Dental Care

When Sebastian was eight years old, I took him for a routine dental visit. By that age he was brushing his teeth by himself, which I considered a major accomplishment. Like many parents, I struggled to teach Sebastian good oral care. At some point, he didn’t want me to do the brushing but on his own he would spend 30 seconds cleaning his teeth. No doubt, there were sensory issues including a very specific preference for toothpaste. Oh the stress of running out of toothpaste and not being able to find it in any store within a five mile radius…

As Sebastian sat in the dentist chair that day, I tried to keep him calm with superficial conversation and general reassurances. He was fidgeting. I placed my hands on his because the dentist asked him more than once to keep them down. His tone was a little too stern for my liking. Sebastian was obviously anxious, which made me anxious. Sure in a perfect world I would have asked the doctor to take a break, show Sebastian the dental instruments, talk to him about what he was doing and what to expect.

The world isn’t perfect and neither am I. I took a few deep breaths and tried to reassure Sebastian that the cleaning would soon be over. When the dentist finished, he looked at me and said, “You could be doing a better job cleaning his teeth.”

I’ve talked about the doctor/patient/parent relationship before and Benjamin has given me plenty of experience with different types of doctors. Living with a child who was given a 50% chance to celebrate his 10th birthday gives me a certain no nonsense attitude. We don’t have time to waste with doctors who don’t get our needs, and who don’t support our whole family.

That was the last time either of my children saw that particular dentist. Since then they’ve seen Dr. Christina Carter. I knew we were fortunate to have found her. She has an unlimited amount of patience, explains everything to the boys, tells me what I’m doing right, demonstrates better cleaning strategies when needed, provides squeeze toys to keep anxious hands busy, and has a certified therapy dog.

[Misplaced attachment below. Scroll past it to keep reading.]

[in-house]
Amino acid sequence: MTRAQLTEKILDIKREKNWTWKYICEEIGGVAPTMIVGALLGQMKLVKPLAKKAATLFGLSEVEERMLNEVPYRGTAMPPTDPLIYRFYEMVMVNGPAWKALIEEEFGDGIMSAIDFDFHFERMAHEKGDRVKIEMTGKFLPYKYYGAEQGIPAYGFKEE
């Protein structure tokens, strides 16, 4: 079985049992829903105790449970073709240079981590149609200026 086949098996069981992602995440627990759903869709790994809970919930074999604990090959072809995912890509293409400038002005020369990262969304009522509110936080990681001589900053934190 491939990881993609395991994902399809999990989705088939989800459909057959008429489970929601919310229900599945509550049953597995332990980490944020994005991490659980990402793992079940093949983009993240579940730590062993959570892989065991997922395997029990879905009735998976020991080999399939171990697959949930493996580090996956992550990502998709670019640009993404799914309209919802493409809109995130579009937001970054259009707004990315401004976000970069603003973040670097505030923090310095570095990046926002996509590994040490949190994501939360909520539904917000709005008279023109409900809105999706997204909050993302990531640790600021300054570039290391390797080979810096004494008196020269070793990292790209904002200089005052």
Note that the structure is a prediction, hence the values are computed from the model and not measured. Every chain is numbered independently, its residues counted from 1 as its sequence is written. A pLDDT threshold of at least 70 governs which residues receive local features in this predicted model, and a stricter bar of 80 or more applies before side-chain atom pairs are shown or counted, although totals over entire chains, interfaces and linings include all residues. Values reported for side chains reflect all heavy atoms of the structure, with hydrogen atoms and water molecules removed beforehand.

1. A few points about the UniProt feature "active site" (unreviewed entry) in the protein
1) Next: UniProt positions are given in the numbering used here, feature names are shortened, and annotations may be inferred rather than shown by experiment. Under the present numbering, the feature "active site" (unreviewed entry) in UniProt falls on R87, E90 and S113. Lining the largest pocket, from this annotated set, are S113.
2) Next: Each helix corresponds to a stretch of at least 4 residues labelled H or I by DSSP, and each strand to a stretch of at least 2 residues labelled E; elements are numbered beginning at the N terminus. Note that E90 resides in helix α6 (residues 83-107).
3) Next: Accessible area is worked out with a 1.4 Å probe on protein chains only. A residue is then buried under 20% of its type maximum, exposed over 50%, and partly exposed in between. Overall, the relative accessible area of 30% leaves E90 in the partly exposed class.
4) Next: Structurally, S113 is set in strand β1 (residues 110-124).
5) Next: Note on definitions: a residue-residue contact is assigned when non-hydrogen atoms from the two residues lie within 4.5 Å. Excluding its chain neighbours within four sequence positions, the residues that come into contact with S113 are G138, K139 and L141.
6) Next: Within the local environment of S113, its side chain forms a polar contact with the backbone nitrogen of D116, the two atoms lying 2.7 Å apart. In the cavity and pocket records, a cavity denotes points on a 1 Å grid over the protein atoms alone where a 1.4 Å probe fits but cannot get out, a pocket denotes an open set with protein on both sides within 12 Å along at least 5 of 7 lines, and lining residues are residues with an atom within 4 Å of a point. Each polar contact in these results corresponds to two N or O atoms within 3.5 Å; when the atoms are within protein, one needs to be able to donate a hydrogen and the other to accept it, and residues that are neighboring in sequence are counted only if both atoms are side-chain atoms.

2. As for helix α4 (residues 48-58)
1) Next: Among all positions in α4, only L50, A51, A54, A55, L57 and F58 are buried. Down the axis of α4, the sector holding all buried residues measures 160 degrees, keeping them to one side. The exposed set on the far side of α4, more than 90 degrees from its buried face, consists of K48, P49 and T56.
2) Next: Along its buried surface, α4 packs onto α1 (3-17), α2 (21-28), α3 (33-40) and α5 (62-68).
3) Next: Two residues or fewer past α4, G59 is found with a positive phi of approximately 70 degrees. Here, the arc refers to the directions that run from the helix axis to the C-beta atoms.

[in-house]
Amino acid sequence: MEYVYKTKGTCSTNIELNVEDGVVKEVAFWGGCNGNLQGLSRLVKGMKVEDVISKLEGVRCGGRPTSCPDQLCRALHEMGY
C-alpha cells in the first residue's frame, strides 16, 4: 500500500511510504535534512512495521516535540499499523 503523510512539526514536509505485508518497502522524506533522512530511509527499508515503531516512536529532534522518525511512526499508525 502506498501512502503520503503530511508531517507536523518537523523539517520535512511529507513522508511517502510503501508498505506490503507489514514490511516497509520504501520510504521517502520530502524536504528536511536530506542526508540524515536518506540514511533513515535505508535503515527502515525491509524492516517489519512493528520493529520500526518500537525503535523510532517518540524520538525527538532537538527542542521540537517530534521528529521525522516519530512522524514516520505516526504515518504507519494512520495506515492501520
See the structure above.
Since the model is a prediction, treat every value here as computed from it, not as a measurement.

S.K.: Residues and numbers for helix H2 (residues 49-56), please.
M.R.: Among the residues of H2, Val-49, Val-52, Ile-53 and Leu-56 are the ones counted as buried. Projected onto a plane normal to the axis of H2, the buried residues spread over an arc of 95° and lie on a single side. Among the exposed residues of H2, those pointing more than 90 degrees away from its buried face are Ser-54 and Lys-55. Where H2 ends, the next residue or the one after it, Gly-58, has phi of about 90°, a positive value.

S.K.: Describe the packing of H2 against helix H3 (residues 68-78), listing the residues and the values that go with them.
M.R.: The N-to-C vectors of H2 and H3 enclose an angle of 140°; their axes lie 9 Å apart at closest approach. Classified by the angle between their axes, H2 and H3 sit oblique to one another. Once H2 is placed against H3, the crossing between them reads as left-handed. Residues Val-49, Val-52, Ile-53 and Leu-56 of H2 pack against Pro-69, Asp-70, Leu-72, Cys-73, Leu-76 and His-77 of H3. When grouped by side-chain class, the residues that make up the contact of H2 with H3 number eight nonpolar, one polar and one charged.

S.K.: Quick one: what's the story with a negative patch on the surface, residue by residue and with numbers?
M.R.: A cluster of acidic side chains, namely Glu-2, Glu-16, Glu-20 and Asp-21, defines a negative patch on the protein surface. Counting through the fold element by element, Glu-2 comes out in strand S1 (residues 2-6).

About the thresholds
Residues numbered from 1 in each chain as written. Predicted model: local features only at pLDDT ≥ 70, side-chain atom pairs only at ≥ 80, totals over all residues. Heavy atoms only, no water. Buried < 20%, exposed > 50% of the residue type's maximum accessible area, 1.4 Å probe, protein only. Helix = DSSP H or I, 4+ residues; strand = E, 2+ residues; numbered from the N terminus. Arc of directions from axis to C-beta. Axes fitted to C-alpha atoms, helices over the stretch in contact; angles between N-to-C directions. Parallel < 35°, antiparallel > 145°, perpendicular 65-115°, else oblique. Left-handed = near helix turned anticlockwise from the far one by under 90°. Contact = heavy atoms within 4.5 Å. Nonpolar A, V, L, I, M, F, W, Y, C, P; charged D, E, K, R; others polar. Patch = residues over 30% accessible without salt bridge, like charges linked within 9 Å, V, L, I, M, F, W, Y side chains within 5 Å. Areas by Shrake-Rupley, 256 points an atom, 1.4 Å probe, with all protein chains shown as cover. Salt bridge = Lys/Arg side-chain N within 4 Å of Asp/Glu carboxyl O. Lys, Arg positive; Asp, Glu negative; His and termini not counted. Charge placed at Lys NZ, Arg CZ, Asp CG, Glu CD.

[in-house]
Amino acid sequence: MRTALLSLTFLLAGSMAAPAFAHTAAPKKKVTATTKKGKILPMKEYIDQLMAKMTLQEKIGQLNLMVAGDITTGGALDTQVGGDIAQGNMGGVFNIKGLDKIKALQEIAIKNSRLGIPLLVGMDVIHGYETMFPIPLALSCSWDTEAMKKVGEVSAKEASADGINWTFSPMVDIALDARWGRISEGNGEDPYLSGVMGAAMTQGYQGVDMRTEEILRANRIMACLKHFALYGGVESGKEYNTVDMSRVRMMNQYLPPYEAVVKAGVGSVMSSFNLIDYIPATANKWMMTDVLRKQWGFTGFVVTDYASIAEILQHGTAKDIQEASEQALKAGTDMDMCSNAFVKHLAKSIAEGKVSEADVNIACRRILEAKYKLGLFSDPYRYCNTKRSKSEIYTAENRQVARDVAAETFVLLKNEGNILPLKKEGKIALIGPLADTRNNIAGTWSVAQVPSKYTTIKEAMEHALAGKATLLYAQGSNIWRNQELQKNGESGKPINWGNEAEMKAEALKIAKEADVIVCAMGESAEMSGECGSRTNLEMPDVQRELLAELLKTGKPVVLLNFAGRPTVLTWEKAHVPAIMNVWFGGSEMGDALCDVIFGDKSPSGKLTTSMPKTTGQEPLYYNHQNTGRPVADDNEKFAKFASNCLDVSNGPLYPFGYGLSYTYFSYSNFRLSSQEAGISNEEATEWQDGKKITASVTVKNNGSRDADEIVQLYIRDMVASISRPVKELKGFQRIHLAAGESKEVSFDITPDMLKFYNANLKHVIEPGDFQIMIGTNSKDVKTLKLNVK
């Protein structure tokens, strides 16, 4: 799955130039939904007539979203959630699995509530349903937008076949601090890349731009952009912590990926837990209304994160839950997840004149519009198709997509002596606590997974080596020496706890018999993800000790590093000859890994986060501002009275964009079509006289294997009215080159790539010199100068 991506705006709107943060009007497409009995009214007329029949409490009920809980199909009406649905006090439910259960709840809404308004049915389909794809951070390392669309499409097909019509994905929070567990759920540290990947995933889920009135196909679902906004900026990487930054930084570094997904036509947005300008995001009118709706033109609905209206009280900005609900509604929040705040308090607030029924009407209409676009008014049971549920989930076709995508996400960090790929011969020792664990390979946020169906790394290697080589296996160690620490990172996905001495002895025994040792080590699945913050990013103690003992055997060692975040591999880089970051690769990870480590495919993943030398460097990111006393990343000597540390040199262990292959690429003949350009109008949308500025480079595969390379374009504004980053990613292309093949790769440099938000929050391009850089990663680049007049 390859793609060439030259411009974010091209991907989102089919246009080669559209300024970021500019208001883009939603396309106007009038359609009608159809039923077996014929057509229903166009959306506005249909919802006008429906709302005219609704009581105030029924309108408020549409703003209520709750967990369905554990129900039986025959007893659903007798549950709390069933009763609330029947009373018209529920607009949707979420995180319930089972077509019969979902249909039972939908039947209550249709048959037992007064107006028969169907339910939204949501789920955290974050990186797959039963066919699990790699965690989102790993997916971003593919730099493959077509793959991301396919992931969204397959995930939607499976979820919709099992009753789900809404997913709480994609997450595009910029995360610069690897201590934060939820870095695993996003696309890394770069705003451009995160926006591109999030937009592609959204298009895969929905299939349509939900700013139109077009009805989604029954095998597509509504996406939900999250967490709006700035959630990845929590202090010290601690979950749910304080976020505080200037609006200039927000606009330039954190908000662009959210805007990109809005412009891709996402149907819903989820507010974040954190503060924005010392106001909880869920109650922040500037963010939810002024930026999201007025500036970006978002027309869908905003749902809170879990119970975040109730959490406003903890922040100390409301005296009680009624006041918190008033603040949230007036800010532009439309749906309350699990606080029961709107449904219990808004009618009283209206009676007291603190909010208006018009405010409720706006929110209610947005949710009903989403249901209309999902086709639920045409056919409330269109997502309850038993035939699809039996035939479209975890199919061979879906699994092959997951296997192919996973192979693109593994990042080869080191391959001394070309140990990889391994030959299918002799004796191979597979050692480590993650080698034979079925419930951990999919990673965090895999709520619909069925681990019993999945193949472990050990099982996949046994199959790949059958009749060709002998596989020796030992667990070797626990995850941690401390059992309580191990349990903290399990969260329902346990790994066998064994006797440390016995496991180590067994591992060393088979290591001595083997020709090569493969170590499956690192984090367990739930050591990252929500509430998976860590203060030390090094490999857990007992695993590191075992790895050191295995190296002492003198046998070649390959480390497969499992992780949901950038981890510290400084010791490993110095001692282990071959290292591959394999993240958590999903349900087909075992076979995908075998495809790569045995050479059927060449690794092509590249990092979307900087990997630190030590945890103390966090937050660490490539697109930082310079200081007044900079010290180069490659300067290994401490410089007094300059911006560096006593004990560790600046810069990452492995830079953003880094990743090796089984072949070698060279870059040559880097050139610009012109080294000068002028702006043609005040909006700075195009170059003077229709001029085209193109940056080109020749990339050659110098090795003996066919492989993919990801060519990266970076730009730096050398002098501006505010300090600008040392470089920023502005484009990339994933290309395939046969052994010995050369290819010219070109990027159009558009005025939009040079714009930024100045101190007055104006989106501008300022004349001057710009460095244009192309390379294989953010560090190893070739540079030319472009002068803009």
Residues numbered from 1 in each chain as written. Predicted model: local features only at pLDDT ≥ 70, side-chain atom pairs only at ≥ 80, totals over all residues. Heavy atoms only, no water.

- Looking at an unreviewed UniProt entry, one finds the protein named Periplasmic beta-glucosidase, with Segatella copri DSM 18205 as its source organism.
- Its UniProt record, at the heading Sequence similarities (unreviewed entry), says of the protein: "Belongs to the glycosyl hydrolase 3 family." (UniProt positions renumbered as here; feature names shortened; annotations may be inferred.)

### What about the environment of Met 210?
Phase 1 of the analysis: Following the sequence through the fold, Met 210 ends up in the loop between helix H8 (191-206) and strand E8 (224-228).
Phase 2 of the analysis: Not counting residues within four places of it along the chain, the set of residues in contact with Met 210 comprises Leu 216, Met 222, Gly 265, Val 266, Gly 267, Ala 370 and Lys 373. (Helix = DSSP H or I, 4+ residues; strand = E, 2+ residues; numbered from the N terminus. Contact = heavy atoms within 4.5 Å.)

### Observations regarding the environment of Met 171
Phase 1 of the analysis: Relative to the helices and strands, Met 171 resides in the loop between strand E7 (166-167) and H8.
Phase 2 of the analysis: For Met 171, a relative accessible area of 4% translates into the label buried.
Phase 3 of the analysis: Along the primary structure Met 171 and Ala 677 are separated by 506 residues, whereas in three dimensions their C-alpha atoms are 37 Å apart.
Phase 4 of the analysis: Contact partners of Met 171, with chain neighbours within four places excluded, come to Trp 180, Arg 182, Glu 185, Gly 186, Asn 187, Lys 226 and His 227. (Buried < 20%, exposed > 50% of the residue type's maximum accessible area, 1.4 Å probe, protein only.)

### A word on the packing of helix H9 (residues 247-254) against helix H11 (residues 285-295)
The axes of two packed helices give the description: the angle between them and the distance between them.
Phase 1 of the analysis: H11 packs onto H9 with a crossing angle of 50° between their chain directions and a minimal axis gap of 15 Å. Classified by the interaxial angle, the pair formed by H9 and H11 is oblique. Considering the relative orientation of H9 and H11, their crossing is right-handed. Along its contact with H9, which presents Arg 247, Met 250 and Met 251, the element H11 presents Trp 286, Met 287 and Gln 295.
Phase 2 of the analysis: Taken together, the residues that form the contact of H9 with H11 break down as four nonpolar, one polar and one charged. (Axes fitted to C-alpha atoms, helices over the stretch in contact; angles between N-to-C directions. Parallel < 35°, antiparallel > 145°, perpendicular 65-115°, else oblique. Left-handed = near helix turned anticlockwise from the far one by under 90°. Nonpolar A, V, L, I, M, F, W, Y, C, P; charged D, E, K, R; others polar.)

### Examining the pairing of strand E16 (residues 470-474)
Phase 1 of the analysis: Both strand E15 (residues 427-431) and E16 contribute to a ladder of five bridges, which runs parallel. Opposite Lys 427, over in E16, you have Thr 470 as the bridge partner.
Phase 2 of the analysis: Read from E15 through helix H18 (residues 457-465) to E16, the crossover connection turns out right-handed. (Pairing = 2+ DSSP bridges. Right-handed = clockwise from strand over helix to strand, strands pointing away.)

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Dr. Carter and Callie

 

I didn’t know how fortunate we were. The current issue of People & Families Magazine looks into the importance of dental care for people with disabilities and the obstacles they face trying to obtain it. Check out the article on page 38. There’s a couple of faces you’ll recognize.

 

 

 

Here’s a sneak peek.

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Special thanks to Brenda Considine for including us in this article.

Photo credit: Rebecca Shavulsky

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One thought on “Dental Care

  1. Excellent piece, Joanne. It should be in a newspaper or magazine that the general public reads. The people reading your blog already know how difficult it is to find the right type of dental care for kids with special needs. I’m happy you found someone so understanding after your early bad experiences. And to think that she has a therapy dog too!

    Liked by 1 person

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